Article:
Verdict

AfterShot Pro - 4/5
Gimp - 4/5
Shotwell - 4/5
digiKam - 4/5
Darktable - 3/5
Fotoxx - 3/5

Multithreading & performance

Fancy features are all well and good, but can it get the job done fast?

Camera sensors are getting bigger, more of us like to work in RAW formats and bandwidth limitations are no longer critical for reducing picture quality and size before uploading. Plus, we're shooting a lot more photos than ever before. Image files aren't getting any smaller, and our libraries are expanding rapidly. So photo editors are in a Red Queen race: they need to be more efficient than ever just to seem as good as they were.

With the exception of Fotoxx, all of our software here is multi-threaded and can take advantage of more than one processor core. digiKam and Shotwell are surprisingly fast at dealing with large libraries of photos and helping you find the shot you want. Neither are perfect, though: Shotwell feels a little buggy and slows down at seemingly random periods, while digiKam's interface is often the stumbling block. Opening up a RAW file, for example, means going through a tedious and old-fashioned import screen rather than going straight to the meat of the editing tools.

As far as our dedicated RAW editors are concerned, AfterShot Pro is incredibly fast at cataloguing and editing files, and designed to get the most out of your workflow. It's still a little sluggish at dealing with picture layers, though, so you'll likely want to fall back on Gimp for fine grain editing.

Darktable, meanwhile, is fleet-footed in thumbnail mode, but once you start layering edits onto an image it quickly takes its foot off the metaphorical gas and begins to get frustratingly slow. Even zooming in to a shot takes too long (and there's no slider to show you how far you've zoomed in either).

The triumph of the latest release of Gimp, meanwhile, is its support for multi-threaded processors and - if you're prepared to tinker - OpenCL for GPU acceleration, too. The upshot is that nothing on Gimp 2.8 feels like a chore, so long as you know what you're doing.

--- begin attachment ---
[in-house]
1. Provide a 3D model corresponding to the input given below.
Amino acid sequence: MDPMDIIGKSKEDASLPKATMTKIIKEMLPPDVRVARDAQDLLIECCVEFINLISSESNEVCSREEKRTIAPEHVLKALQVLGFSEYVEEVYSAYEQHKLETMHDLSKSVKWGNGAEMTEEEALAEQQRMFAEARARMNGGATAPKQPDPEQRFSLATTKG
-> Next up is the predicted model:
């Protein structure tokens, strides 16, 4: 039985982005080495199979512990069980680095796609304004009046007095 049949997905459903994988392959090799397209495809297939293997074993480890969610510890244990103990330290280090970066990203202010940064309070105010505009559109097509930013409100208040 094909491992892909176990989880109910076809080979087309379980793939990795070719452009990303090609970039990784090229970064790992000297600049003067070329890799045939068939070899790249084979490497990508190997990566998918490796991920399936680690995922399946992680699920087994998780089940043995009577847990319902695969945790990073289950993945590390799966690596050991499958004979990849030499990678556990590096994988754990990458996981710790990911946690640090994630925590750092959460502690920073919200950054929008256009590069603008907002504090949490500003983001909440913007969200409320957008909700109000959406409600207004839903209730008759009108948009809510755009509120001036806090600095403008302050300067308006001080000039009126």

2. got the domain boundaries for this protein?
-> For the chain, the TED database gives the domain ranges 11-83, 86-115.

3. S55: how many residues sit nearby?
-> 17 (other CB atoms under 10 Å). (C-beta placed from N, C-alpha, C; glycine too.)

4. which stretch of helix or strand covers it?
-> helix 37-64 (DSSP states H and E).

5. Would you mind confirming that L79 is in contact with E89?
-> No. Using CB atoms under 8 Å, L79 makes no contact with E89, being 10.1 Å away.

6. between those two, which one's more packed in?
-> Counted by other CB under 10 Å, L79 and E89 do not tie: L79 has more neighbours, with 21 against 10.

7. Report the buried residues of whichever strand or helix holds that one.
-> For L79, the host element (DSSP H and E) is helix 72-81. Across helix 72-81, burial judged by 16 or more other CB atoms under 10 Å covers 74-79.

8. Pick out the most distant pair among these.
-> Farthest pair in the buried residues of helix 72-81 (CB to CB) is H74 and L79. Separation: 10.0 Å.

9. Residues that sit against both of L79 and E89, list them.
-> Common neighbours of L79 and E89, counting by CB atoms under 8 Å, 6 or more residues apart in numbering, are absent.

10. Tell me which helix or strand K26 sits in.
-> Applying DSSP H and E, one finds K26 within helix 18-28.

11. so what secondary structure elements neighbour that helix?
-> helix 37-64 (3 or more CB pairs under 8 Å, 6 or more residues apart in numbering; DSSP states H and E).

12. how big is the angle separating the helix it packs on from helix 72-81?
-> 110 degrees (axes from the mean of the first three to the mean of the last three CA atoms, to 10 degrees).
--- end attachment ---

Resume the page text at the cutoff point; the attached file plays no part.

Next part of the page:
Verdict

AfterShot Pro - 5/5
Gimp - 5/5
Shotwell - 3/5
digiKam - 4/5
Darktable - 3/5
Fotoxx - 3/5

The verdict

AfterShot Pro

One thing we haven't covered is picture quality. Gimp remains the only really serious tool for all-round work; Darktable gives AfterShot a run for its money, but struggles without a hefty CPU behind it.

Ultimately, there is no one tool that does it all, and where applications try to take photos all the way from hard drive to output in one go they inevitably fall down somewhere.

AfterShot Pro's library management is a bit too intense for daily use if you're just browsing through old snapshots, while digiKam's RAW developer would drive you insane. The best set-up for RAW shooters would be Shotwell for image management and AfterShot Pro or Darktable for developing pictures.

For the casual snapper, digiKam works wonderfully on both KDE and Gnome, although you'll probably end up wanting to cover two thirds of its icons with sticky tape. Where Shotwell's editing tools are too basic for most, digiKam can be quite overwhelming.

Which brings us onto Gimp. That it should, after all these years, remain the only real choice for lightweight or heavy lift editing activities seems like a missed opportunity, but the only piece of software that can survive without its touch-up skills is AfterShot Pro - and even there it's easier to fall back on Gimp for fine tuning.

It's not often in Linux that there's only one way of doing things, but we feel everyone who edits photos should have Gimp installed. The lack of 16-bit colour precision means it has limitations for professionals, but it's more than adequate for most needs.

So what of AfterShot Pro? It pains us to admit it, but the fact that this is the product of a large company with a lot of resources shows. Only Gimp comes close to its level of sensible design choices and bug-free execution, and even then it tends to stray off into a slightly bonkers world of its own. We salute Corel for continuing to support Linux with such a fine piece of software.

Fotoxx is wonderfully quirky, and has an insane feature set for an application that appears so simplistic on first boot, but it's not mature enough yet to compete with the established names.

Final scores

AfterShot Pro - 5/5
Gimp - 4/5
Shotwell - 3/5
digiKam - 4/5
Darktable - 3/5
Fotoxx - 2/5